Logging and Playing Back a Connection
VRPN has a logging and playback facility that can be used to store and then replay entire sessions. All messages going to or from the server can be stored into a logfile and then replayed again for analysis or debugging. Playback is from the file that was saved, rather than a server over the network. This enables you to capture a user interaction session and they replay it later. This is especially useful for enabling offline analysis of experiments.
You need to modify the client program that is going to do logging so that it explicitly requests it on a per-connection basis. Normally, VRPN hides the mapping between client (Remote) objects and connections; when you are logging, the application needs to be modified to explicitly open the different connections so that logging happens on all of them (if there are more than one). It is necessary to open a synchronized client connection explicitly before opening the objects that use that connection; this must be done only once per connection; all of the objects that share the same connection share the same logfile.
Each synchronized connection is opened by explicitly calling its constructor and passing it the name of the machine to connect to (or the full name of the object to be logged) and the name of the logfile(s) to create:
The object_name parameter can be the full name for the device you want to connect to (for example, "Button0@machinename"). The port_number parameter tells which port on the machine (machinename in the above example) to connect to - the default port number in VRPN is 4500. The four logfile names specify the filename (local to either the client or server process) into which the following messages will be logged:
If no messages are lost, the local_in_logfile and remote_out_logfile will contain the same messages; the remote_in_logfile and local_out_logfile will also contain the same messages. For messages that were sent unreliably, only the outgoing files are guaranteed to have the messages. Normally, at most two logfiles would be opened; often, only the local_in_logfile is opened (it will hold all messages received by the client). There are different files for incoming and outgoing messages because otherwise it is impossible to determine which messages went in each direction. A NULL pointer should be passed in for any logfiles that are not being opened.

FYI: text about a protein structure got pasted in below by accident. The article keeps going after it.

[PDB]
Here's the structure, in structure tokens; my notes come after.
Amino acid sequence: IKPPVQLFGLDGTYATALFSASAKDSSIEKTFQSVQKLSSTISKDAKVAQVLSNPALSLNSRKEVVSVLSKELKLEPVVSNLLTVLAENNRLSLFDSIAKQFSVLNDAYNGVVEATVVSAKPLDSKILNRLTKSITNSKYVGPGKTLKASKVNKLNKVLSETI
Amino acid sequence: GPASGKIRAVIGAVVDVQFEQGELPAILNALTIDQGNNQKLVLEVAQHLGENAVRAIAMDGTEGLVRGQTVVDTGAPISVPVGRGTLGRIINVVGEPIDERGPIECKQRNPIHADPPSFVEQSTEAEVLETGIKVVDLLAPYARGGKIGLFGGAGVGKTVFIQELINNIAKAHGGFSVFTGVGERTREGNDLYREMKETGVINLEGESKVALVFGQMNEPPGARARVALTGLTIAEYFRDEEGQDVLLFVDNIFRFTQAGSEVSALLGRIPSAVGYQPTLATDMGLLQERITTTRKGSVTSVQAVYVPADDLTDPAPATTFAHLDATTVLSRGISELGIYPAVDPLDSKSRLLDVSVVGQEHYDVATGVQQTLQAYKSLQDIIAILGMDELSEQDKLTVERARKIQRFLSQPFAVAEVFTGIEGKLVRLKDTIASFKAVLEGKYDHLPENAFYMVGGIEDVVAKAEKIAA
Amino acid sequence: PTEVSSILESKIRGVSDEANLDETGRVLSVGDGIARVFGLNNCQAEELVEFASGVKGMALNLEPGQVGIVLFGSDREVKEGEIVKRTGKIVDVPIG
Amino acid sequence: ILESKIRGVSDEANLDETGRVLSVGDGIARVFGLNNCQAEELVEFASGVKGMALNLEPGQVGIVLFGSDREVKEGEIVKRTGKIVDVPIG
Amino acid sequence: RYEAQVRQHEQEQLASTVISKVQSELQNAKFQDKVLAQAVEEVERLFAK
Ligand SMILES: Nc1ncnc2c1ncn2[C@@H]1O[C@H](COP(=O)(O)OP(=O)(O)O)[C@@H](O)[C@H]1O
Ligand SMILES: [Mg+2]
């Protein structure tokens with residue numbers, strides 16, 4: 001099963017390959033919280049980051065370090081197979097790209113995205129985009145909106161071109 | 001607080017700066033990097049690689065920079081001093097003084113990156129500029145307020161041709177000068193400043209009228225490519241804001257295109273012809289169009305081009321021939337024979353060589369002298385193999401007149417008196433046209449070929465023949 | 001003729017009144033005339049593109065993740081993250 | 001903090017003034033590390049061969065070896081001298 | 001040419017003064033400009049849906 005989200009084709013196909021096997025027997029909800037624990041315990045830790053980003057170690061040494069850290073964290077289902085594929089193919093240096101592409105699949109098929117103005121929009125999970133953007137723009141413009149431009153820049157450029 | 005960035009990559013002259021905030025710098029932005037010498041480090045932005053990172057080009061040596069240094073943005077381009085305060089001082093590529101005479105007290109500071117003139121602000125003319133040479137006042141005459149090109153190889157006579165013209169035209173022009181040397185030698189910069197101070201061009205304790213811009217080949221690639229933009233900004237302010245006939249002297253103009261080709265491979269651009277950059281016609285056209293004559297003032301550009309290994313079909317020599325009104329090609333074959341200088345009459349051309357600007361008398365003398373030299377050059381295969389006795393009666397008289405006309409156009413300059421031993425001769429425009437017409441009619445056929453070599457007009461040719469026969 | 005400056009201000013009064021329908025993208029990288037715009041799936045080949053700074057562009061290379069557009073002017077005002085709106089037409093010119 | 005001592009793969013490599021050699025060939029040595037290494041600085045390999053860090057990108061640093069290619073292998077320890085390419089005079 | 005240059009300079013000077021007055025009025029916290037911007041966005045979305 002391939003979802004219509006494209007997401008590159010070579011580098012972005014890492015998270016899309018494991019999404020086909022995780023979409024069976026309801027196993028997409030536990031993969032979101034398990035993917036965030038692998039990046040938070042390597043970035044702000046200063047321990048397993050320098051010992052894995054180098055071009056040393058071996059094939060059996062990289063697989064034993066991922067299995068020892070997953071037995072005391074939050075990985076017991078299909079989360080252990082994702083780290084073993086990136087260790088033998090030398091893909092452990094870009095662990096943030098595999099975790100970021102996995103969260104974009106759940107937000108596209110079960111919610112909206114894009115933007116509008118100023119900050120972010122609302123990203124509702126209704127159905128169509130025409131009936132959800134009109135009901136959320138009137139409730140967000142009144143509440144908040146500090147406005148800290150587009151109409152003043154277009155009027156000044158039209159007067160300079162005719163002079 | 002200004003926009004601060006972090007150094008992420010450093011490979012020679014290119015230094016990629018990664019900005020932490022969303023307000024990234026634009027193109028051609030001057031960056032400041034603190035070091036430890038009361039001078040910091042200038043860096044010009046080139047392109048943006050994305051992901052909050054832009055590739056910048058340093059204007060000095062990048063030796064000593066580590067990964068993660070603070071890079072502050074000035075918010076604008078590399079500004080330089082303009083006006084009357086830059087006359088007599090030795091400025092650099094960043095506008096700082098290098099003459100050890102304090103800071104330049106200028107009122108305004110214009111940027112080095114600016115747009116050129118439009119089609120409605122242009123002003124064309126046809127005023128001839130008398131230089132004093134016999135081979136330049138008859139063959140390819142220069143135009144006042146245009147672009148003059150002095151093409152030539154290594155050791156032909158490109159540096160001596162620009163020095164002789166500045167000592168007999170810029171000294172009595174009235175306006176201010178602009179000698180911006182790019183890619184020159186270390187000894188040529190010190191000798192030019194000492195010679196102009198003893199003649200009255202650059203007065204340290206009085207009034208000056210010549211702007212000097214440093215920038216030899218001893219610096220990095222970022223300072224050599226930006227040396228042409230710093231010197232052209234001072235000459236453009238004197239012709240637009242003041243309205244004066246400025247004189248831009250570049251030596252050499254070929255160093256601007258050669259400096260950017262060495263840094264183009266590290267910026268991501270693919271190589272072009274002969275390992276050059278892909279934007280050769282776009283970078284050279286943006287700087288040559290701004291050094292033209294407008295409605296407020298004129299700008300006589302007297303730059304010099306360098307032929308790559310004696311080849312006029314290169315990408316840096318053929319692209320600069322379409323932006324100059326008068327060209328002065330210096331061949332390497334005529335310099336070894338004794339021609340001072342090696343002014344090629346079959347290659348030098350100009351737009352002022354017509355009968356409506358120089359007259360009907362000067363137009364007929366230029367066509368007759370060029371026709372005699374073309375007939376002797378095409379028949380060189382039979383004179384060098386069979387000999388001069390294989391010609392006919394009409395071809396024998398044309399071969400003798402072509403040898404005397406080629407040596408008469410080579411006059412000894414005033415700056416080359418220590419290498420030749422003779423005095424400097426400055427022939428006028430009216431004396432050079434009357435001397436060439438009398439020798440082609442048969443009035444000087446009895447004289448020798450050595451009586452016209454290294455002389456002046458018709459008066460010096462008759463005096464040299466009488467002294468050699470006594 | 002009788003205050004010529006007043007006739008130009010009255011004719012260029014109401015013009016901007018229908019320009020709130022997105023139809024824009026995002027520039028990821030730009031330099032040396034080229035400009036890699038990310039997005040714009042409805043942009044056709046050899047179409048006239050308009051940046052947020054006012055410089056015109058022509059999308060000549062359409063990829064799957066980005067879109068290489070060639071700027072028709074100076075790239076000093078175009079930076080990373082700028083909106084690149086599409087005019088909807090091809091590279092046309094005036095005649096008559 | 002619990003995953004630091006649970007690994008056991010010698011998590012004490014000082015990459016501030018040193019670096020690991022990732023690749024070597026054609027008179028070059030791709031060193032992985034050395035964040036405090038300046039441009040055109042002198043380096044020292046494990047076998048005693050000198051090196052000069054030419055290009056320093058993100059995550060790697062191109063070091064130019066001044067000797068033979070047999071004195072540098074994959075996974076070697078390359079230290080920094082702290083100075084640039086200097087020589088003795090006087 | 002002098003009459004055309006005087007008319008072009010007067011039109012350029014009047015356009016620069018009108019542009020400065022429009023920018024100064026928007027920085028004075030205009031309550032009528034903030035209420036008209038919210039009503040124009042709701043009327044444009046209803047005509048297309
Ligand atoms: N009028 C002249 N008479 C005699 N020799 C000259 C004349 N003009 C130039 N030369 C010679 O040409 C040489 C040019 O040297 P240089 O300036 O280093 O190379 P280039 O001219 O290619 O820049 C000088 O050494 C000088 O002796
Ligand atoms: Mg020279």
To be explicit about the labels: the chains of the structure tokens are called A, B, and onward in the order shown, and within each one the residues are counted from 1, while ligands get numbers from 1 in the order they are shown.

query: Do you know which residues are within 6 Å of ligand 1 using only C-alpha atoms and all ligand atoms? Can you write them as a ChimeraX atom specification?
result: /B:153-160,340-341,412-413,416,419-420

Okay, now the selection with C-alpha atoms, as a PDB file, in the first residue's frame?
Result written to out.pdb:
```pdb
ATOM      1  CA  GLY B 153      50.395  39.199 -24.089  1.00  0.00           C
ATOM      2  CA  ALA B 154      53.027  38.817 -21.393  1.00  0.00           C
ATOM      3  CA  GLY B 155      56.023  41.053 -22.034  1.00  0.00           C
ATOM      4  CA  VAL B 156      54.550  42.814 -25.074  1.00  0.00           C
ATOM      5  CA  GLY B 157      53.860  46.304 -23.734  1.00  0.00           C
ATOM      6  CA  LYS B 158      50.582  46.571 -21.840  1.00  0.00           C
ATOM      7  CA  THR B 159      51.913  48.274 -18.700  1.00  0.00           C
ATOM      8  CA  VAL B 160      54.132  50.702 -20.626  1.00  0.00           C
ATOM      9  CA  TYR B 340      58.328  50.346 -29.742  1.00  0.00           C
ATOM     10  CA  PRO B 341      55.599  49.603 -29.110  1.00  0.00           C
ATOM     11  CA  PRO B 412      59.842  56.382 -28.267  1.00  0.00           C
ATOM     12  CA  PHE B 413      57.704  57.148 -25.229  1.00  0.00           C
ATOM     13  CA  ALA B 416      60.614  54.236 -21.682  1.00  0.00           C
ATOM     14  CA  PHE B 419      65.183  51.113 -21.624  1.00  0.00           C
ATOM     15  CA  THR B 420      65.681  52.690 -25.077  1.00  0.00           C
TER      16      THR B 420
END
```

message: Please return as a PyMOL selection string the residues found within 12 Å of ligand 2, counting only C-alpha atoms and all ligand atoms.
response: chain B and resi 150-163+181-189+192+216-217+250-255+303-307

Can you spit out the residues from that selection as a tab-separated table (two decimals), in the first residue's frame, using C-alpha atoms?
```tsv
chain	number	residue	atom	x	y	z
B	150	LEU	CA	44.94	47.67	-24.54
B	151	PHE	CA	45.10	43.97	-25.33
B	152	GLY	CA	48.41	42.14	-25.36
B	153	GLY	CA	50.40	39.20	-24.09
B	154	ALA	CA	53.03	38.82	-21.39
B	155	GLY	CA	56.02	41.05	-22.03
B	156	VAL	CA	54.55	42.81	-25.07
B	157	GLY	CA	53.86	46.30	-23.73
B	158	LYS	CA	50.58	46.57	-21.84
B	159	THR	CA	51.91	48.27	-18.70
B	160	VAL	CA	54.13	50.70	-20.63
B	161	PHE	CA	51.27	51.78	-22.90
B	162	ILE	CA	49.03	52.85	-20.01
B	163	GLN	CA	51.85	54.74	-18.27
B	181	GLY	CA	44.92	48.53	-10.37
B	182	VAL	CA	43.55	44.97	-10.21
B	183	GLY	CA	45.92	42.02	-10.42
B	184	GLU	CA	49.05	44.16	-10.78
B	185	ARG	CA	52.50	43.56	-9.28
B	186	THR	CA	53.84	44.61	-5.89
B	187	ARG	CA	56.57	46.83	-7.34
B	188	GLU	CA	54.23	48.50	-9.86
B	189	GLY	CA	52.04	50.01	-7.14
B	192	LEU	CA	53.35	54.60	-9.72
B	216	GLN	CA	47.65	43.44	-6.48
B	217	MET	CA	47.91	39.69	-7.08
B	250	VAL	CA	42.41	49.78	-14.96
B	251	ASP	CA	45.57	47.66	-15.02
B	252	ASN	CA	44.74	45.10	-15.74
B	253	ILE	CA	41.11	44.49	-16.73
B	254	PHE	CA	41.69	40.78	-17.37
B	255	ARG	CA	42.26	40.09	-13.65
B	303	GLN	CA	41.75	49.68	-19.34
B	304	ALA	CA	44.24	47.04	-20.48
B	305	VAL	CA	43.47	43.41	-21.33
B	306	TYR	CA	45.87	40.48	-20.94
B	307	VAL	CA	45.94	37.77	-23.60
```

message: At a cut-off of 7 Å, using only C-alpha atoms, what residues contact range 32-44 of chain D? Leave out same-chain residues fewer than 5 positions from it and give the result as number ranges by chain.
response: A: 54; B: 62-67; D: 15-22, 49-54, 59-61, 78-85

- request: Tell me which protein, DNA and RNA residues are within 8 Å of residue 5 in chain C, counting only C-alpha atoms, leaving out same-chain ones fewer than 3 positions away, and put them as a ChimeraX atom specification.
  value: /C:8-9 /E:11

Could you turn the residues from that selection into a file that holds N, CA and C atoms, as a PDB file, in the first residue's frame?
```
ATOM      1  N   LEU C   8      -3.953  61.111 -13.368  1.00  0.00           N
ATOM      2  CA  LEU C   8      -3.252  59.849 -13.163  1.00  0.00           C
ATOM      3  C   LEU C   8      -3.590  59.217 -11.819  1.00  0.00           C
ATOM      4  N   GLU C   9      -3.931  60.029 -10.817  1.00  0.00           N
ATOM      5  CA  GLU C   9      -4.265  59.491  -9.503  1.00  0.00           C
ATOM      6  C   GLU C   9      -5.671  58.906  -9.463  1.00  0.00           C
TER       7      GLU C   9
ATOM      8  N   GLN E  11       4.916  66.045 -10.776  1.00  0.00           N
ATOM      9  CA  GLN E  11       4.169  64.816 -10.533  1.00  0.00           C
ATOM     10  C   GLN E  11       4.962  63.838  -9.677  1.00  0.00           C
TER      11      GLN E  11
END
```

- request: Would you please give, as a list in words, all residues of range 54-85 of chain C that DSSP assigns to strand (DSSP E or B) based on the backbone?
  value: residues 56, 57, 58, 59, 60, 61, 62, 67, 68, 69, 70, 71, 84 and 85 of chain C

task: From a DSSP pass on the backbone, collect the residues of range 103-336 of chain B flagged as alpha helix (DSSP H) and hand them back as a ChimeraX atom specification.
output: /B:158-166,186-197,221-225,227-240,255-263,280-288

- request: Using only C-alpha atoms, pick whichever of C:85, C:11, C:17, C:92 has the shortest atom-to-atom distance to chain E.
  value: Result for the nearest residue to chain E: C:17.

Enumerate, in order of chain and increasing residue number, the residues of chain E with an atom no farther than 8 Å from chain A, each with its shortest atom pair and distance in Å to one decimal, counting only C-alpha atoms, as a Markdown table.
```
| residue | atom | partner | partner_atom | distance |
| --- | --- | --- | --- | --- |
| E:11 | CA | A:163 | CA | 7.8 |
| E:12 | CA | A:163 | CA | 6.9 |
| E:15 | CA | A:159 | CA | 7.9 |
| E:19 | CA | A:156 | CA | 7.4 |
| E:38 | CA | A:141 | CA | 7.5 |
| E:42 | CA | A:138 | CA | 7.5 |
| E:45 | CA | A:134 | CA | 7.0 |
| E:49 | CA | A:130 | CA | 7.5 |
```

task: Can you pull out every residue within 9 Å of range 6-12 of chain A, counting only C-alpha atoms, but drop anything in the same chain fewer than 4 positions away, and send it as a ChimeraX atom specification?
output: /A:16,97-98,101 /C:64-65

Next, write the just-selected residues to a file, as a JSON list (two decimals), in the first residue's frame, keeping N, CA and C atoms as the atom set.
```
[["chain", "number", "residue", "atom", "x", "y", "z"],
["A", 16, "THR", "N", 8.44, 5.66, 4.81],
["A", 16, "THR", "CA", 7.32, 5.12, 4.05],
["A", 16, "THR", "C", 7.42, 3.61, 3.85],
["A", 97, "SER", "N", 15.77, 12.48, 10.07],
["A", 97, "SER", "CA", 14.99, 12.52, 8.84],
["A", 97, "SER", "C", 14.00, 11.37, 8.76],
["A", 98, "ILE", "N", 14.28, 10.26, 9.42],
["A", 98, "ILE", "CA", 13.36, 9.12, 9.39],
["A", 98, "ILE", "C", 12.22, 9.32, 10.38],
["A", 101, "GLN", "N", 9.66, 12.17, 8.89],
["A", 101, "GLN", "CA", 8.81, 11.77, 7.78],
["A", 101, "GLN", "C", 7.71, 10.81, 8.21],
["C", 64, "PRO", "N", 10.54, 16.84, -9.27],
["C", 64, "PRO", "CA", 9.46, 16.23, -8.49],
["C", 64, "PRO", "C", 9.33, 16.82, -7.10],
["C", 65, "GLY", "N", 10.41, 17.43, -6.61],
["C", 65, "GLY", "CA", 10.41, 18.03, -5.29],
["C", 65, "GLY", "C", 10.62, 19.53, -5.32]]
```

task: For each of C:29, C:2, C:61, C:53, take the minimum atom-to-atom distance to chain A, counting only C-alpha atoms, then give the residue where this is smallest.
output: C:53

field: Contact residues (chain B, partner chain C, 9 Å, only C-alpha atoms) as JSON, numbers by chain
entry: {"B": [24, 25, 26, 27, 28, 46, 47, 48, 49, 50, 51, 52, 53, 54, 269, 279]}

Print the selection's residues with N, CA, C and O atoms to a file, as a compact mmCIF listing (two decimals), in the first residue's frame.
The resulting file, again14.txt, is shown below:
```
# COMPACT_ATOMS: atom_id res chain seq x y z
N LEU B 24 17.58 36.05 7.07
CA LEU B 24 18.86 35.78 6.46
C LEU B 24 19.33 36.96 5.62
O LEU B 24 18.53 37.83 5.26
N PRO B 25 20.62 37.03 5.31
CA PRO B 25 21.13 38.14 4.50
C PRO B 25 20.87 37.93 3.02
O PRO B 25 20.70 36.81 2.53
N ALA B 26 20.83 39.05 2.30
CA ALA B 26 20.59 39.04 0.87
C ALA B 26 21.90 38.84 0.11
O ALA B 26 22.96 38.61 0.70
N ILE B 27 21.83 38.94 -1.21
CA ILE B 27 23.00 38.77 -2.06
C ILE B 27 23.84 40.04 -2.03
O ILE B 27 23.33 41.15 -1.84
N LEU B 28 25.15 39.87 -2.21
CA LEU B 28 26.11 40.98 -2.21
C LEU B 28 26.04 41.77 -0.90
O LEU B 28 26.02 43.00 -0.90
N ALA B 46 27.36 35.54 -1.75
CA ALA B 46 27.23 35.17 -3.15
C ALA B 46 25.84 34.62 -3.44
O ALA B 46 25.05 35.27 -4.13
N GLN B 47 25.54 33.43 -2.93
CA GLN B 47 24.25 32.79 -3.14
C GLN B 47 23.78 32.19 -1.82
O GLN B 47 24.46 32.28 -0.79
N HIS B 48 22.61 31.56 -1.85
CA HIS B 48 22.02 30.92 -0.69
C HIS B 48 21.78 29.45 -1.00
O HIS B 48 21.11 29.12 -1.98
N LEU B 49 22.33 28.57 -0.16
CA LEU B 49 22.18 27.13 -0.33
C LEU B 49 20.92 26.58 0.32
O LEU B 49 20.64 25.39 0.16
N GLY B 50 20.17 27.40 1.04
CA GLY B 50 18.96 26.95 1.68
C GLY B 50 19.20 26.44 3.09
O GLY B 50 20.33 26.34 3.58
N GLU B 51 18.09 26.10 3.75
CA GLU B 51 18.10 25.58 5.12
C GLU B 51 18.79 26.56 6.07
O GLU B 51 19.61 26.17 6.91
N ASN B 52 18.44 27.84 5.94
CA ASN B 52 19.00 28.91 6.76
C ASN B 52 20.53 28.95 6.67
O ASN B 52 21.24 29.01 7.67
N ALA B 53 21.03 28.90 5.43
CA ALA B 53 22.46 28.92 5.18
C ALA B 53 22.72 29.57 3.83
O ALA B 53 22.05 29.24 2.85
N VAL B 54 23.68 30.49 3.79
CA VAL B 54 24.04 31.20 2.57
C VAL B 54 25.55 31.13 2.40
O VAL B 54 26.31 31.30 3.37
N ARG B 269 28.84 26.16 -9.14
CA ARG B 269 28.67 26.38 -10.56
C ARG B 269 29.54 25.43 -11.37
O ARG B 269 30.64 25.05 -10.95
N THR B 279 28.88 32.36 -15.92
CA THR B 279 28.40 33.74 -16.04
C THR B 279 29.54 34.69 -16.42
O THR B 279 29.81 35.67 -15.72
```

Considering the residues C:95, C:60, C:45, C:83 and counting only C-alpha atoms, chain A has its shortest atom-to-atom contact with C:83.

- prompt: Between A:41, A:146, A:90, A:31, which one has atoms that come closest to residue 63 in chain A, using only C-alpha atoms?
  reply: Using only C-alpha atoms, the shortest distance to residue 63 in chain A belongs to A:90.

Once the connection object has been opened, the objects using it should be opened normally.
If you want to stop the logfile and start a new one, you need to delete the connection object and create a new one (this will also require deleting all of the objects that use the connection beforehand and recreating them afterwards).
The printvals program has an example of how to create one or more logfiles based on command-line arguments.
Flushing log to disk
The logfile is usually flushed to disk when the connection object that was doing the logging is destroyed. User code can cause logging to happen incrementally by calling the save_log_so_far() method on the vrpn_Connection object doing the logging.
Playback requires no changes to the client code other than changing the name of the device connection from a machine/port connection to a file connection. For example, rather than opening "Button0@machinename", the program will open "Button0@file:filename", where filename is the name that was passed to the constructor in order to save the logfile. It doesn't matter if the logfile was an incoming client-side log or an outgoing server-side log, the device will behave the same. It is also possible to use a full URL to specify that a file is to be opened (Button0@file://filename). To specify a filename starting at the root of the file system, use "Button0@file:///filename". On Windows, you might use "Button0@file://C:/temp/filename".
By default, playback will occur at the same rate that the original messages were sent.
To control the replay rate of the file, you do need to modify the client. The methods on the FileConnection enable you to rewind the streamfile, skip to a particular time, pause, or replay at a specified multiple of real-time. An example of creating a FileController to control playback on the messages sent to a button remote follows: